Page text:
Rian Johnson: The ensemble, absolutely, The Last of Sheila did it in the Seventies. I enjoyed The Murder on the Orient Express that they just did, and they too some extent did it. But this notion of the all-star circus, like Battle of the Network Stars, that being a true pleasure.
And the fun thing with this was, when we went out with the script and tried to get actors for it, just how many great actors recognized that and were game for it and were ready to jump in and be part of this ensemble, and recognized, "Oh, this is what this is? This is really fun! I haven't seen this in a while. Let's do it!" That was the first sign of encouragement.
AC: And it gives them a chance to step back and be character actors.
RJ: To me, my favorite kind of actors are character actors. Daniel Craig is a leading man, but he also has the skill set of a great character actor, and that applies to everyone in this movie. they're all movie stars, they're been leading men and women in big movies, and they all have the skill set of character actors – and to me there is no bigger compliment.
AC: Seriously, is there anyone out there better than Stephen Tobolowsky?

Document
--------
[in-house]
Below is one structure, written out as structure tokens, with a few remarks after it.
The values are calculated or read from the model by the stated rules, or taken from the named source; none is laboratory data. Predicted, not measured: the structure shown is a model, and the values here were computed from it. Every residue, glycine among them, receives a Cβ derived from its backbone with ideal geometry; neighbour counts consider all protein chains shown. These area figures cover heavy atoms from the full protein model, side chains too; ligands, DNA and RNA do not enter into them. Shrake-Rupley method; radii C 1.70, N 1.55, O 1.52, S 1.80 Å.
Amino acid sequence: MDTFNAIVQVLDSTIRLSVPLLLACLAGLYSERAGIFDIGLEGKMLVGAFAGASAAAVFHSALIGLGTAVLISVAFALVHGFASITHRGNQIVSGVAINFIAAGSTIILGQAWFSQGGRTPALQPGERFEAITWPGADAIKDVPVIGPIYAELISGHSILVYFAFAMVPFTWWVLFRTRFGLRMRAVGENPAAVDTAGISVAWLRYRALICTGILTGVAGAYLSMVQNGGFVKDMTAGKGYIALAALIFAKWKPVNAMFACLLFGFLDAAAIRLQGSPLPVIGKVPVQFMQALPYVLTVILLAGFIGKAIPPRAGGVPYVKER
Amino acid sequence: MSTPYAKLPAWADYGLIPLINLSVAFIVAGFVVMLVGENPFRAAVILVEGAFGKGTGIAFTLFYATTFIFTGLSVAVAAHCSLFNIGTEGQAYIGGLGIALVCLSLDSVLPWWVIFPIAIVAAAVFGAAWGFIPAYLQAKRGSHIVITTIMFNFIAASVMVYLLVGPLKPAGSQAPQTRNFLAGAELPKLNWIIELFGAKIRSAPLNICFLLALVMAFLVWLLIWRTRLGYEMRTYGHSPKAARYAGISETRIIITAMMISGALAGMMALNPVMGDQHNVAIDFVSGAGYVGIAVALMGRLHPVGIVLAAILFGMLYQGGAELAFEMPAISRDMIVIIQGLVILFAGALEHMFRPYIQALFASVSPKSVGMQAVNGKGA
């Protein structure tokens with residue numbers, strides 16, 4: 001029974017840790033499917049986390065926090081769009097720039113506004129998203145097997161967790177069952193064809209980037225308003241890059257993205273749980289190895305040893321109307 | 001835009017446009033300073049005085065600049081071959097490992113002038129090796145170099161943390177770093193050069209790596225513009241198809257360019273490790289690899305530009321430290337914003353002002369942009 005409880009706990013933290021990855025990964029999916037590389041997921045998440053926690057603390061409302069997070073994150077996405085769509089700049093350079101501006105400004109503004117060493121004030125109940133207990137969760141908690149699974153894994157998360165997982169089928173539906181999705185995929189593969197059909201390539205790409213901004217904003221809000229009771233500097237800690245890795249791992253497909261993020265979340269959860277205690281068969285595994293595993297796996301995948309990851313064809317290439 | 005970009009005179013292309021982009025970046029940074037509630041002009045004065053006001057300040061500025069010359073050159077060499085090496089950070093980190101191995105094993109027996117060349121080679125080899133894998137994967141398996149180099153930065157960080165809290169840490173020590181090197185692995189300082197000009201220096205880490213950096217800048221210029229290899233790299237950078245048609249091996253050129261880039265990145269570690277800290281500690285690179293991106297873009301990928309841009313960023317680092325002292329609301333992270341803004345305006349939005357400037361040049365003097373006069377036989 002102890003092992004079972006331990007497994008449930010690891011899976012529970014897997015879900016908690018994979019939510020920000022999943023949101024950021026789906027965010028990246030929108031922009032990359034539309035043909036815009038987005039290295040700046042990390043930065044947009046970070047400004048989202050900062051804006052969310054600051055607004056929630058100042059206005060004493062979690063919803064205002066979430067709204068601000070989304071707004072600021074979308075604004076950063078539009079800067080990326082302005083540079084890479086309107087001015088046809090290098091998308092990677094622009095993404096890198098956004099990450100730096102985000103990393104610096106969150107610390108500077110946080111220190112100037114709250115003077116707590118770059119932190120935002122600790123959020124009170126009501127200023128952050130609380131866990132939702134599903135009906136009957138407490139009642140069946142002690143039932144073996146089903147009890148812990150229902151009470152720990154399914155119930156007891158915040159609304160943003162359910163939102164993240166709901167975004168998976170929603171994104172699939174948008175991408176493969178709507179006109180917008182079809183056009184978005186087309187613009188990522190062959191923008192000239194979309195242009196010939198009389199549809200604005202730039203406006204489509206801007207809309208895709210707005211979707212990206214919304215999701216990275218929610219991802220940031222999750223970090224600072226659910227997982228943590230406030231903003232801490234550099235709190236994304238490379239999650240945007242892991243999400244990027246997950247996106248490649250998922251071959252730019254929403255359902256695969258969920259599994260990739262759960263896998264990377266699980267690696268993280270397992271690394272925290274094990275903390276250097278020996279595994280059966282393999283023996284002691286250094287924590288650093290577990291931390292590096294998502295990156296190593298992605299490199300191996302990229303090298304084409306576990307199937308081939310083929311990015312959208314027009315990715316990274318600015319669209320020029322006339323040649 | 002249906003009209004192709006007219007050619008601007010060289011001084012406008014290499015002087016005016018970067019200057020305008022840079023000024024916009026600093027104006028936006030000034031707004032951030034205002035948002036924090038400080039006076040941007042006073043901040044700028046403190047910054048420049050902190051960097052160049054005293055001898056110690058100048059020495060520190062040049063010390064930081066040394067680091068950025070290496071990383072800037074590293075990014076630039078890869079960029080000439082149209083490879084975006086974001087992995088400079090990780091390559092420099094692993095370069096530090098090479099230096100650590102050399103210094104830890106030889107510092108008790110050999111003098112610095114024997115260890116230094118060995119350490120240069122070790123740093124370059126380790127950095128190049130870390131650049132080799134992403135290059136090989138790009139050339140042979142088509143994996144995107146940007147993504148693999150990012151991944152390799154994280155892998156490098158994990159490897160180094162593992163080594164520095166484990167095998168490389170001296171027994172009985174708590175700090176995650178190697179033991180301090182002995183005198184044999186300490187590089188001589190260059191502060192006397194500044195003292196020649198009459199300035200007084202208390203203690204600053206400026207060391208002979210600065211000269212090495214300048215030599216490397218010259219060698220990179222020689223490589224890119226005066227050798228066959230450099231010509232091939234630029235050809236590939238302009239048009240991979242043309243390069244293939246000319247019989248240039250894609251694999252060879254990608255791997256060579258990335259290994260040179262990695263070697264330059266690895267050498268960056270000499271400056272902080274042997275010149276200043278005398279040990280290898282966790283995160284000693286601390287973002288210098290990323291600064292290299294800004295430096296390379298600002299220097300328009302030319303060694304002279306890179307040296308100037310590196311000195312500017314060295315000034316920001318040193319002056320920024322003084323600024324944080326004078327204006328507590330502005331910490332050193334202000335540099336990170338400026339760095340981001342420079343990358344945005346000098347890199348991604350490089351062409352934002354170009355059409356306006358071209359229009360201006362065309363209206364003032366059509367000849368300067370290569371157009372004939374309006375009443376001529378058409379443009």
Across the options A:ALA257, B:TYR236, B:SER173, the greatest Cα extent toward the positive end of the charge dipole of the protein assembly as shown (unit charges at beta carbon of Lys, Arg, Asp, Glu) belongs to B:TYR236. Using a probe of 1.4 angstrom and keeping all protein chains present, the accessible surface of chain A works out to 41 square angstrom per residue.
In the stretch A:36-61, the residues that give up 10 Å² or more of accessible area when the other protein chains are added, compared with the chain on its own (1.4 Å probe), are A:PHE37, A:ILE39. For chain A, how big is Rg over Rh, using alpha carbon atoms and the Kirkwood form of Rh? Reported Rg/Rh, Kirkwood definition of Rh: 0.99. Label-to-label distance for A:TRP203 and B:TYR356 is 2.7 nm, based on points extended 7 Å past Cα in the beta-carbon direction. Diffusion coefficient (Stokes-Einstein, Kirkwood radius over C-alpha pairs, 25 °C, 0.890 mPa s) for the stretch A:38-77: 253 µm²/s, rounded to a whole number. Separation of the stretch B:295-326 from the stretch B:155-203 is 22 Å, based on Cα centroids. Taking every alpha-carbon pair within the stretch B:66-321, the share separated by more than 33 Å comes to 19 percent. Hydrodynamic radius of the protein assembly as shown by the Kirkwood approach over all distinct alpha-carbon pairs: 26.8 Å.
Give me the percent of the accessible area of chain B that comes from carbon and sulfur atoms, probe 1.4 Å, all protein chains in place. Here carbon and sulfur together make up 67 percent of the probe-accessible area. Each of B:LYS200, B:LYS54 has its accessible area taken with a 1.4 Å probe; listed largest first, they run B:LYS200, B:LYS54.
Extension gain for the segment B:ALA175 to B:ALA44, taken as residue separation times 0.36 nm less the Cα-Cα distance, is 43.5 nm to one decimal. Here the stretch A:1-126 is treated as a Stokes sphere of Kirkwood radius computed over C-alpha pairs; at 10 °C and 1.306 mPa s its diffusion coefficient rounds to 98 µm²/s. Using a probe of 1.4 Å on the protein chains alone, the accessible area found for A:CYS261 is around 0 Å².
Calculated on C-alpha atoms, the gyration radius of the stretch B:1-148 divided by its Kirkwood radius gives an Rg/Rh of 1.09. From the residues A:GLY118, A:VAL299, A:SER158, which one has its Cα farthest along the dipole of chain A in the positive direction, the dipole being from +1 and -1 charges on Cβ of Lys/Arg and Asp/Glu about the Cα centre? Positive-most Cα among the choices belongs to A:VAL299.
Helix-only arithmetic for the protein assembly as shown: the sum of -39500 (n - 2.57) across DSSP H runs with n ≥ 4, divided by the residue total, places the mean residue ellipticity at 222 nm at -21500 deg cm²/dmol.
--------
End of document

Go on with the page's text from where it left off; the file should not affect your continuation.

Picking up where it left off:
RJ: Oh my god, that dude's amazing. We were just watching Deadwood when he pops up, and of course he's in that, he's fantastic. Or M. Emmet Walsh. You want to talk about the definitive, definitive character actor. Emmet, when he turns up on set, he hand out $2 bills to everybody and says, "If you never spend it, you'll never be broke." Steel pennies, back from when they were manufacturing pennies out of steel during the war, and he hands out his resume. It's a single sheet of paper, single line typed, filled with the movies he's been in. And even if you think you know how many films Emmet Walsh has been in, you read that list and you think, "Holy shit. This guy has been in everything."